Looking at indistinct footage from 16 millimeter home movies of the 1950s has invited me to examine from a distance the much younger, and in many ways different, version of myself. Not surprisingly, I appear in the “mothering” mode in many of the shots. I have always assumed such behavior was because I was the first-born child.

But where does the mothering instinct come from? Is it inborn? Learned from one’s own mother? Are some born without it? Who knows. The jury is still out on the answers to some of these questions.

Mother guiding me with pigtails for the photo shoot with Grandma

Mother positioning me with pigtails for the movie shoot with Grandma

My mother was not the firstborn in her family but she was the oldest girl, so when her own mother died when she was nine, there were high expectations for her including milking two cows in the morning before she went to school. All too soon, she became a little mother alongside the house-keeper, nurturing her two younger siblings.

In the sit-com Everybody Loves Raymond, “Mother-ish” is the word Mama Marie Barone has used to describe her modus operandi.  Although I cringe to compare myself at any age to meddling mama Barone, it did seem natural for me to take on such a mothering role in my family. After all, I was the first-born, always ready to “tend” the younger ones.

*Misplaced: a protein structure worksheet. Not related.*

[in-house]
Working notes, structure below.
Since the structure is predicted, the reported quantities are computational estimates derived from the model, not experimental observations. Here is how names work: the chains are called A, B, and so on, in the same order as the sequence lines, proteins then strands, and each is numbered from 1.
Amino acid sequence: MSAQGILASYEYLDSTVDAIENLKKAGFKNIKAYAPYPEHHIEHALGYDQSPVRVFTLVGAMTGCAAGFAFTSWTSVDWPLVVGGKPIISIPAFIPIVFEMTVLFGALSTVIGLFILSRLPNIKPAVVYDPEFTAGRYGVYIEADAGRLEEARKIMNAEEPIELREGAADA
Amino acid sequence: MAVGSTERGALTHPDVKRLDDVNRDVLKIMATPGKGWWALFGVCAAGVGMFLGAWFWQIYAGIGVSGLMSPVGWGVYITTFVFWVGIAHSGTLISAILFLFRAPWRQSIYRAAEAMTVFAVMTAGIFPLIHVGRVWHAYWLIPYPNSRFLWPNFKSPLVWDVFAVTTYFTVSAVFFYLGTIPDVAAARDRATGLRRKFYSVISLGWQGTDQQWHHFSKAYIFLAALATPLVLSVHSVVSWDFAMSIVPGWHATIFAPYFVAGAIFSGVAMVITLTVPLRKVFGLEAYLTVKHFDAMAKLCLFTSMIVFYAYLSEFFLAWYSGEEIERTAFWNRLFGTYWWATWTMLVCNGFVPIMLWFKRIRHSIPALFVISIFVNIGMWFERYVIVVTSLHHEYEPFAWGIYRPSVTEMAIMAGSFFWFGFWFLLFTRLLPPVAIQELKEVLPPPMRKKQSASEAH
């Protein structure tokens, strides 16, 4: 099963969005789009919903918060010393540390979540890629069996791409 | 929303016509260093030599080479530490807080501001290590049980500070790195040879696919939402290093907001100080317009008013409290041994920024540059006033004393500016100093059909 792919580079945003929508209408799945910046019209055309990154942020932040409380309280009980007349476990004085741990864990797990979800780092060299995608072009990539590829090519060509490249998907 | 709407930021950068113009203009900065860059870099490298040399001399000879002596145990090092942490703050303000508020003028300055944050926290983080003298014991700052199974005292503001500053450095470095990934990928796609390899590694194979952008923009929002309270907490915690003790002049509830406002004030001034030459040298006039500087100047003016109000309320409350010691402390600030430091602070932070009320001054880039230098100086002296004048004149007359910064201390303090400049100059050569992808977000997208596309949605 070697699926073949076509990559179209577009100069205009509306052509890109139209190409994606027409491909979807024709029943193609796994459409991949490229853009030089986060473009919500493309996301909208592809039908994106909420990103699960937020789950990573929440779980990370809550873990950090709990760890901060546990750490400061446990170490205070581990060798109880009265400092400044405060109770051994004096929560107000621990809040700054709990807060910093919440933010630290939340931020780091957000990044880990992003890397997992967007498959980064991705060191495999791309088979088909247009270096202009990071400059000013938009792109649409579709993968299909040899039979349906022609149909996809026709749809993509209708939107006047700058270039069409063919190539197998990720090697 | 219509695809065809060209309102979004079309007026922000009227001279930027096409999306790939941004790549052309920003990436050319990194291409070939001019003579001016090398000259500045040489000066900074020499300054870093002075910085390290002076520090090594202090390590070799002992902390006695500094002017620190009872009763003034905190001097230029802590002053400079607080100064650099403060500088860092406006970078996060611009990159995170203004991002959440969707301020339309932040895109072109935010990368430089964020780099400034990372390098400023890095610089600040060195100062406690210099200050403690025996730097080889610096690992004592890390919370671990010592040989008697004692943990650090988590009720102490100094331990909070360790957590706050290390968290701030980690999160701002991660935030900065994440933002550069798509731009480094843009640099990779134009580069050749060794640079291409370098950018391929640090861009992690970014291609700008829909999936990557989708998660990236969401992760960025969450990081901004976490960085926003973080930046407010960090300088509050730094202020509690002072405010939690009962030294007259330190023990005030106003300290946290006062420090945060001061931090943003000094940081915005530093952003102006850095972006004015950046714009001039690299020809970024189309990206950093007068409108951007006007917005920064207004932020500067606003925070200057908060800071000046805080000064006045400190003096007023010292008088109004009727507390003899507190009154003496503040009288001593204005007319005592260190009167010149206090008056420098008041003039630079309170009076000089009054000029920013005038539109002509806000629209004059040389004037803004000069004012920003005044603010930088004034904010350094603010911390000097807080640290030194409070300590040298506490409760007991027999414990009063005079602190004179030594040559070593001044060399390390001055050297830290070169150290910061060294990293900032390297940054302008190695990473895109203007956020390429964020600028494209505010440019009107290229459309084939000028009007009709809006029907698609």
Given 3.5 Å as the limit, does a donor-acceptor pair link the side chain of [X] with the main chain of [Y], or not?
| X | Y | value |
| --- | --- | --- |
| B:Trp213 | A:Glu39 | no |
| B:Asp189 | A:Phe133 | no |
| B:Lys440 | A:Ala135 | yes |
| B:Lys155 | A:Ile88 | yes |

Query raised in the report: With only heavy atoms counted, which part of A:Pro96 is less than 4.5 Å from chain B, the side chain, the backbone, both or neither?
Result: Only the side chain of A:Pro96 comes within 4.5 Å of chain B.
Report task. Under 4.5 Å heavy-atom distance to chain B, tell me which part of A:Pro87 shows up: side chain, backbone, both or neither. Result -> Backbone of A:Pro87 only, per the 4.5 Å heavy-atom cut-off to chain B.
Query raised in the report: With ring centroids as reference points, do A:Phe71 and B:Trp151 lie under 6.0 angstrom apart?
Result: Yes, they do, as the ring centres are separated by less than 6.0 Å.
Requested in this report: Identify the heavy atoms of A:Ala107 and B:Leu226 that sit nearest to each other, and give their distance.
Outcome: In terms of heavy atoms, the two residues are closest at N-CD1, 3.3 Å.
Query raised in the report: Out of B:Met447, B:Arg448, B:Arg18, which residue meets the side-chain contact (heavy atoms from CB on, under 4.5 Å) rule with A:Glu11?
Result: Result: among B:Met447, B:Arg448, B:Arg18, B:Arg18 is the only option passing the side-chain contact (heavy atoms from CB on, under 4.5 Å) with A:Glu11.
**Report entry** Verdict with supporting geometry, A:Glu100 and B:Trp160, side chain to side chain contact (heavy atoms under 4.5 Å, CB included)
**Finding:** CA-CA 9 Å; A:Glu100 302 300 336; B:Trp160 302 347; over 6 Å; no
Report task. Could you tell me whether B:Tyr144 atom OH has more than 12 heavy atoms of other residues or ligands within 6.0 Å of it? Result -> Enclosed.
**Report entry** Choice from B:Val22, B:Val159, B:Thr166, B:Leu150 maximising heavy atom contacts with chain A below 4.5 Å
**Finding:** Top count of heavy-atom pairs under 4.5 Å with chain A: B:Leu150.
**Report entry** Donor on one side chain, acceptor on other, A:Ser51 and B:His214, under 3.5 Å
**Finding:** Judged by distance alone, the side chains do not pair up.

Big sister helping little sister Jean to walk

Big sister helping little sister Jean to walk

Even looking straight ahead, I was aware of wiggly little sister, who would spoil the photo if she crawled away in this video clip:

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Several years later, with a prayer covering almost as big as my mother’s and with motherly aplomb, I held my baby brother Mark.

13-year-old "mother" holding baby brother Mark

13-year-old “mother” holding baby brother Mark, with sister Jean

Alfred Adler was one of the first theorists to suggest that birth order has a profound effect on personality. However, his ideas about birth order have been repeatedly challenged by other researchers, like Cliff Isaacson, who argue that birth order is not a fixed state but subject to other influencing factors. Other studies (Scientific American) claim that family size, rather than birth order, is a better predictor of personality than birth order. Yet the concept of the take-charge, bossy (did I say “mother-ish?”) first-born persists in popular psychology.

Question Mark w border1_1x1_300

I wonder where you are in your family’s birth order: first, middle, last, or an only child?

Do you think this has influenced your personality at all?

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